The Celestial Sphere

Humans perceive in Euclidean space -> straight lines and planes. But, when distances are not visible (i.e. very large) than the apparent shape that the mind draws is a sphere -> thus, we use a spherical coordinate system for mapping the sky with the additional advantage that we can project Earth reference points (i.e. North Pole, South Pole, equator) onto the sky. Note: the sky is not really a sphere!

From the Earth’s surface we envision a hemisphere and mark the compass points on the horizon. The circle that passes through the south point, north point and the point directly over head (zenith) is called the meridian.

This system allows one to indicate any position in the sky by two reference points, the time from the meridian and the angle from the horizon. Of course, since the Earth rotates, your coordinates will change after a few minutes.

The horizontal coordinate system (commonly referred to as the alt-az system) is the simplest coordinate system as it is based on the observer’s horizon. The celestial hemisphere viewed by an observer on the Earth is shown in the figure below. The great circle through the zenith Z and the north celestial pole P cuts the horizon NESYW at the north point (N) and the south point (S). The great circle WZE at right angles to the great circle NPZS cuts the horizon at the west point (W) and the east point (E). The arcs ZN, ZW, ZY, etc, are known as verticals.

The two numbers which specify the position of a star, X, in this system are the azimuth, A, and the altitude, a. The altitude of X is the angle measured along the vertical circle through X from the horizon at Y to X. It is measured in degrees. An often-used alternative to altitude is the zenith distance, z, of X, indicated by ZX. Clearly, z = 90 – a. Azimuth may be defined in a number of ways. For the purposes of this course, azimuth will be defined as the angle between the vertical through the north point and the vertical through the star at X, measured eastwards from the north point along the horizon from 0 to 360°. This definition applies to observers in both the northern and the southern hemispheres.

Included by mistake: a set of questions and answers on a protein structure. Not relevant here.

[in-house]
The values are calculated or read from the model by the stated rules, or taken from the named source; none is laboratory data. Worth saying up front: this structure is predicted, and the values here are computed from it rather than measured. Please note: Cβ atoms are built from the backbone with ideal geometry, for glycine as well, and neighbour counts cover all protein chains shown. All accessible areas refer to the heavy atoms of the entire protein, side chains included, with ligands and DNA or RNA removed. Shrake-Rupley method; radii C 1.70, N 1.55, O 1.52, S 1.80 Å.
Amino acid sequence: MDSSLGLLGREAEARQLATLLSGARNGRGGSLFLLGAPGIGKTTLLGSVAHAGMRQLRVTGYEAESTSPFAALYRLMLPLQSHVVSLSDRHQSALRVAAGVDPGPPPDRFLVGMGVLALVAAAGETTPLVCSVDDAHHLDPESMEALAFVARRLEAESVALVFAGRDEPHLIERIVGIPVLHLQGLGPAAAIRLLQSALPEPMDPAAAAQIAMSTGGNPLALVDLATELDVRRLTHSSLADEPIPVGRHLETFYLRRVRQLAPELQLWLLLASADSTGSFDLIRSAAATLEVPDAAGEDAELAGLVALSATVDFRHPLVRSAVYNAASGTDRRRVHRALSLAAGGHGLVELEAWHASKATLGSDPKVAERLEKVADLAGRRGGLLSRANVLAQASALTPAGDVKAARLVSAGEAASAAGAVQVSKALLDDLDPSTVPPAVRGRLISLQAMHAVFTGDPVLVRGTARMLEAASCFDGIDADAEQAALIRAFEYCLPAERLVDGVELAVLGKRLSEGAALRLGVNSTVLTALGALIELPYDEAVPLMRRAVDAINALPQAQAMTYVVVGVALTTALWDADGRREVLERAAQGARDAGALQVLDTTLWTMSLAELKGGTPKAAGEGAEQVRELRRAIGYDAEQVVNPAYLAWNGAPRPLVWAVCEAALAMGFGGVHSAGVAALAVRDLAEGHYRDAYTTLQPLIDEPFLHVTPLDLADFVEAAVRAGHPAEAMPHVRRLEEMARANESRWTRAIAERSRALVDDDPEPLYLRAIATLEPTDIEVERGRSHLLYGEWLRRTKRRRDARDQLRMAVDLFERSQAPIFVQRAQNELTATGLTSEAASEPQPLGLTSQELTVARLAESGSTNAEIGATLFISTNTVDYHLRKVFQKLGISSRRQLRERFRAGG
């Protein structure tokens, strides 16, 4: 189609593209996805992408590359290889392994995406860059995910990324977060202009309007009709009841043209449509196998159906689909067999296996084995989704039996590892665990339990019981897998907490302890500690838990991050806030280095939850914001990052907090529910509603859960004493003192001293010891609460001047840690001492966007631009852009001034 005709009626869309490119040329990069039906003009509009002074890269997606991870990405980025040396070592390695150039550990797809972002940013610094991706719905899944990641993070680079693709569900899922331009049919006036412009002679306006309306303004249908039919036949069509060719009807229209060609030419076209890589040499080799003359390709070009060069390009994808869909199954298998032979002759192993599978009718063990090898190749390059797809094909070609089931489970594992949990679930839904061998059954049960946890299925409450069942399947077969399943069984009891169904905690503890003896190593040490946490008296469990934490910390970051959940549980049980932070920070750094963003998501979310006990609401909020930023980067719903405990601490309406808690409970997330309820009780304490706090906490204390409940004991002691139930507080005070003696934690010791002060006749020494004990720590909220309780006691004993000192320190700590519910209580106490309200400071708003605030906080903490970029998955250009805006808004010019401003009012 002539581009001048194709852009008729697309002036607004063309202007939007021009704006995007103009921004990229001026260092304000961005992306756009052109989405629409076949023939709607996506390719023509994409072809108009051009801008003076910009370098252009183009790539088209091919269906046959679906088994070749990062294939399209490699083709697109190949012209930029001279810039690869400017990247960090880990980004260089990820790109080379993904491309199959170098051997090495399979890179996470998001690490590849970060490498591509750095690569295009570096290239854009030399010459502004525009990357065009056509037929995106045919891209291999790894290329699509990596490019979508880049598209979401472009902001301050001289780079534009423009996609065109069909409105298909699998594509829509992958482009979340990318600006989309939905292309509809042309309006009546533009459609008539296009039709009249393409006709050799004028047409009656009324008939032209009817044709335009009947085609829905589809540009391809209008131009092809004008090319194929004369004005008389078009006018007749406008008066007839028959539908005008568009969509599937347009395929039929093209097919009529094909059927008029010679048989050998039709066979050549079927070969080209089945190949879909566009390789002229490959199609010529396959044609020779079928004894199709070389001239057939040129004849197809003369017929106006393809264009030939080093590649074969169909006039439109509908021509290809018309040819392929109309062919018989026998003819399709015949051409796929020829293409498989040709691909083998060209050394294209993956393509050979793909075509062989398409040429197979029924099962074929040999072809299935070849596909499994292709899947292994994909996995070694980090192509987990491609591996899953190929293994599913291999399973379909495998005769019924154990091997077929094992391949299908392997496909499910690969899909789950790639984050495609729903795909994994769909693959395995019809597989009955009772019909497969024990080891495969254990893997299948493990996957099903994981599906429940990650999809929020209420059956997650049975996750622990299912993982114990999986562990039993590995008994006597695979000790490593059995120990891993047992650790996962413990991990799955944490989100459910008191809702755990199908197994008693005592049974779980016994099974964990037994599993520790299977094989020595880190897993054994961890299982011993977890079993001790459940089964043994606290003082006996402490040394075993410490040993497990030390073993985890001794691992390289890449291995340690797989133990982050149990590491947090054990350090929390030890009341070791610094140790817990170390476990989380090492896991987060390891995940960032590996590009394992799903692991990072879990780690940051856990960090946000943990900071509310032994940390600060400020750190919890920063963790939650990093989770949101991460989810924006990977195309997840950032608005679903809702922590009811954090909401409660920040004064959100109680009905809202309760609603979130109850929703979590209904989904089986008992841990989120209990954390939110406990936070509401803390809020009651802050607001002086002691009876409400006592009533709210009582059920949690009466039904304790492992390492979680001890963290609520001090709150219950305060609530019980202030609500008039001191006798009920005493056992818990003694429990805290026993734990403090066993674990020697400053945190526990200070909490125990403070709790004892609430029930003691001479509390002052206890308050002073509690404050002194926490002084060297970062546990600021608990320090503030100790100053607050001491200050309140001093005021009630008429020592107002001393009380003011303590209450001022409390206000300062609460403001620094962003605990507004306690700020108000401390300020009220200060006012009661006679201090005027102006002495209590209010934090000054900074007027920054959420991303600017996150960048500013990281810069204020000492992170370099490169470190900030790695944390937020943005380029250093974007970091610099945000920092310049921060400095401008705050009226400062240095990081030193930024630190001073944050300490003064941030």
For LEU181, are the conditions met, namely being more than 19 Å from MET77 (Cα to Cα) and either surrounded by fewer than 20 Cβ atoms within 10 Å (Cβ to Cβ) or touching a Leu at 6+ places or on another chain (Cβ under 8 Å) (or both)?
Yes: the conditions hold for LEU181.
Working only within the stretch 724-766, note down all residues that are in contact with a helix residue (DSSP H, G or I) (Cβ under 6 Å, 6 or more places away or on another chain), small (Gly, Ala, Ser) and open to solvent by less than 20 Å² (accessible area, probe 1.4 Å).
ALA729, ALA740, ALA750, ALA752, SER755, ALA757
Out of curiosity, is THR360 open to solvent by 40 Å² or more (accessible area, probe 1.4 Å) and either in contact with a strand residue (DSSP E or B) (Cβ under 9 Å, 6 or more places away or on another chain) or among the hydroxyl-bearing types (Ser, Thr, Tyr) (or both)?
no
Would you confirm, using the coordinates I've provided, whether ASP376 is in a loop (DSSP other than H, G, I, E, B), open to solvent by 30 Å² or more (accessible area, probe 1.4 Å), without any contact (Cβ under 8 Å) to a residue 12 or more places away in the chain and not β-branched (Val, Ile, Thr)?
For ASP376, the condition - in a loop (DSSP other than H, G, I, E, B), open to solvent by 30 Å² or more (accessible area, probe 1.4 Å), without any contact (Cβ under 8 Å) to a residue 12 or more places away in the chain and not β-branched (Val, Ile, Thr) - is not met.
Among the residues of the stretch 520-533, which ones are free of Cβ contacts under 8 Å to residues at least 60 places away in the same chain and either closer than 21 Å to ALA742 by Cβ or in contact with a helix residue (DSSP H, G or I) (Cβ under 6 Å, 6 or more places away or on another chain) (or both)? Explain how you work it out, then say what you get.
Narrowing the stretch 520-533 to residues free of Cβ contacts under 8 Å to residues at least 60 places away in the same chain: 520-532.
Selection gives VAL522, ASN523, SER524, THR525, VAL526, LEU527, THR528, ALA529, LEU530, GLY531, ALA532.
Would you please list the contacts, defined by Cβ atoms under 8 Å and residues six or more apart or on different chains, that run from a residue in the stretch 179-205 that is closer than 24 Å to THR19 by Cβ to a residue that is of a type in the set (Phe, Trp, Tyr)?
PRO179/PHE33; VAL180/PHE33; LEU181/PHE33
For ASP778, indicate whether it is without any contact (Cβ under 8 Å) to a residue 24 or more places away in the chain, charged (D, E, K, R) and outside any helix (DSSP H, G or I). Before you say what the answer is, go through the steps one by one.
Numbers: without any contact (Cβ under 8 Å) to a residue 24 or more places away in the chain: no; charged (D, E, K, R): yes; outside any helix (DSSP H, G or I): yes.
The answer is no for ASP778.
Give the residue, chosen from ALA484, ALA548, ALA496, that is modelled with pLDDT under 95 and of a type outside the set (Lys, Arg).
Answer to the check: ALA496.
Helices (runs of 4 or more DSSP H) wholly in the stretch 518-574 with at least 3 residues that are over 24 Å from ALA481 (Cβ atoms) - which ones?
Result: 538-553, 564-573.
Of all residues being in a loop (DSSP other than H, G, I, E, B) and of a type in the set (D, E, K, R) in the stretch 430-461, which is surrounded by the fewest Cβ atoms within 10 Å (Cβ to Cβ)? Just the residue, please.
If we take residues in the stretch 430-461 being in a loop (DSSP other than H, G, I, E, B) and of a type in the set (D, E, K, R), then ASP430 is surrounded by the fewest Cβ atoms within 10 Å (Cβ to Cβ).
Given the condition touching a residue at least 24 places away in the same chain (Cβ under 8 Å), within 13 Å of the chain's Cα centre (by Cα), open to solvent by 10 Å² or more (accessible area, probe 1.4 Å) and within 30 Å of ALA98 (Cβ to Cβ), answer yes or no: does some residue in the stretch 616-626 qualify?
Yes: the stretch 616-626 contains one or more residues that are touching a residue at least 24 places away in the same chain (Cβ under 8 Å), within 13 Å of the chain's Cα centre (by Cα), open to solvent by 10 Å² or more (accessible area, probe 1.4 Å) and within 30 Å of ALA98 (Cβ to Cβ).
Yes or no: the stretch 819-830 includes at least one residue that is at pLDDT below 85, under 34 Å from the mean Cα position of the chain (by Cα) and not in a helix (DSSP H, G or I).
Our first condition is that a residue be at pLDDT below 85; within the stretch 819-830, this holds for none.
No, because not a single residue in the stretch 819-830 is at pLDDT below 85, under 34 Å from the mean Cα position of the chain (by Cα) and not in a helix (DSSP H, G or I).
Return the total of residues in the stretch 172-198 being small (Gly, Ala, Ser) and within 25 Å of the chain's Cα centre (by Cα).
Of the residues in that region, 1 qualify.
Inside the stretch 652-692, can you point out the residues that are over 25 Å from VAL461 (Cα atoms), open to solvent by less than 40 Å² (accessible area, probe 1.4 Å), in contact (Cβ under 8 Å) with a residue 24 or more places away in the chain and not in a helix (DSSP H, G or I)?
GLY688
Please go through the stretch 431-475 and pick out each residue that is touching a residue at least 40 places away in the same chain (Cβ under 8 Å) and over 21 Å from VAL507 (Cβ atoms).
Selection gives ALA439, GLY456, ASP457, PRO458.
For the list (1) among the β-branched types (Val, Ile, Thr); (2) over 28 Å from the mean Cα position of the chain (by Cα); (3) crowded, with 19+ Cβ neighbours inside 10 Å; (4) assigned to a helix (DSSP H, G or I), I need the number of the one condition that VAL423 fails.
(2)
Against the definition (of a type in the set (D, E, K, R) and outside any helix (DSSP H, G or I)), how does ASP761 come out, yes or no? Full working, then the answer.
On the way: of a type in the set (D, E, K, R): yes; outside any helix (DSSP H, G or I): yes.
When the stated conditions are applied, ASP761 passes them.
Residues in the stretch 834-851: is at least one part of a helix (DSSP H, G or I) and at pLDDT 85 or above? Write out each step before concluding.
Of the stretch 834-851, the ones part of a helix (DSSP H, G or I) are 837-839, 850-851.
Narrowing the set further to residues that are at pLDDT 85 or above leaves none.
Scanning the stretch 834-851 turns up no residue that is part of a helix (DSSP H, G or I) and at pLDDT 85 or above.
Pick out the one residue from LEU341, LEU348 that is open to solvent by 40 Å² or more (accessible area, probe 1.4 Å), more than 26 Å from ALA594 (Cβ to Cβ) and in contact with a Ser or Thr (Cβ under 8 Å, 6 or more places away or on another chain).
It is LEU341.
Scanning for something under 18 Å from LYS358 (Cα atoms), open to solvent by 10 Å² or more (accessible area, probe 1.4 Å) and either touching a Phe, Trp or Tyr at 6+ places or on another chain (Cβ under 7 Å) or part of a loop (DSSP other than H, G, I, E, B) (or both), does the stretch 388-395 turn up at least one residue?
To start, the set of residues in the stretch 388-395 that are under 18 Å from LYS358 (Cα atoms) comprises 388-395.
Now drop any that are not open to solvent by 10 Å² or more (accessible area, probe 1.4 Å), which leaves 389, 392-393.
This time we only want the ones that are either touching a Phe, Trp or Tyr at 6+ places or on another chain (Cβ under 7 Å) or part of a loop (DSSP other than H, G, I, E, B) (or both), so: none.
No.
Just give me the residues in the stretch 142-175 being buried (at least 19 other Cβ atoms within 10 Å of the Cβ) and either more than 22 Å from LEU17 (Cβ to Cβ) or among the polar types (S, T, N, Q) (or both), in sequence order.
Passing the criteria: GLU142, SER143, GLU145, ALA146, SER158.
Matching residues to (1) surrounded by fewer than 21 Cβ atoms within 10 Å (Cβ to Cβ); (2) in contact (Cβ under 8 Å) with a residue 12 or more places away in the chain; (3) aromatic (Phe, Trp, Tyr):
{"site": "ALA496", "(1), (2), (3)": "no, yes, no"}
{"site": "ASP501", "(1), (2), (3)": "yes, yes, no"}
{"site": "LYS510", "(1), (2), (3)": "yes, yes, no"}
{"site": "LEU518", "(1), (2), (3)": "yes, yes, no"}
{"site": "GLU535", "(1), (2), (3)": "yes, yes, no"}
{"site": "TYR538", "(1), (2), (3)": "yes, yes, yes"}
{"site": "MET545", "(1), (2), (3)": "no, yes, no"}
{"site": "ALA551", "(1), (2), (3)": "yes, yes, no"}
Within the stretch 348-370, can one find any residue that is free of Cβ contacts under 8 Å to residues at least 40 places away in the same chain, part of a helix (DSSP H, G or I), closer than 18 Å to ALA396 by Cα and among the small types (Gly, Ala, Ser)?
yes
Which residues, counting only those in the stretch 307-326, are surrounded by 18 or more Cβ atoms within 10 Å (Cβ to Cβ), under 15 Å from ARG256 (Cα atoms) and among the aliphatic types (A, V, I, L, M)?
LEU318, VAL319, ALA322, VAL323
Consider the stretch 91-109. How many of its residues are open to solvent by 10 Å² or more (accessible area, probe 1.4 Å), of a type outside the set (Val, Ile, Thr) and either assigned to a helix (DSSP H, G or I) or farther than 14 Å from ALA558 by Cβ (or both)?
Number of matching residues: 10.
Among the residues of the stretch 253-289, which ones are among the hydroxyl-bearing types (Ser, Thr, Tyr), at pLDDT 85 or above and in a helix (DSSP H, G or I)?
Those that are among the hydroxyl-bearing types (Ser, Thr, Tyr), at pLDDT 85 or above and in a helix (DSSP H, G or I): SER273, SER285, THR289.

It is often useful to know how high a star is above the horizon and in what direction it can be found – this is the main advantage of the alt-az system. The main disadvantage of the alt-az system is that it is a local coordinate system – i.e. two observers at different points on the Earth’s surface will measure different altitudes and azimuths for the same star at the same time. In addition, an observer will find that the star’s alt-az coordinates changes with time as the celestial sphere appears to rotate.


Celestial Sphere:

To determine the positions of stars and planets on the sky in an absolute sense, we project the Earth’s spherical surface onto the sky, called the celestial sphere.

The celestial sphere has a north and south celestial pole as well as a celestial equator which are projected reference points to the same positions on the Earth surface. Right Ascension and Declination serve as an absolute coordinate system fixed on the sky, rather than a relative system like the zenith/horizon system. Right Ascension is the equivalent of longitude, only measured in hours, minutes and seconds (since the Earth rotates in the same units). Declination is the equivalent of latitude measured in degrees from the celestial equator (0 to 90). Any point of the celestial (i.e. the position of a star or planet) can be referenced with a unique Right Ascension and Declination.

The celestial sphere has a north and south celestial pole as well as a celestial equator which are projected from reference points from the Earth surface. Since the Earth turns on its axis once every 24 hours, the stars trace arcs through the sky parallel to the celestial equator. The appearance of this motion will vary depending on where you are located on the Earth’s surface.

Note that the daily rotation of the Earth causes each star and planet to make a daily circular path around the north celestial pole referred to as the diurnal motion.

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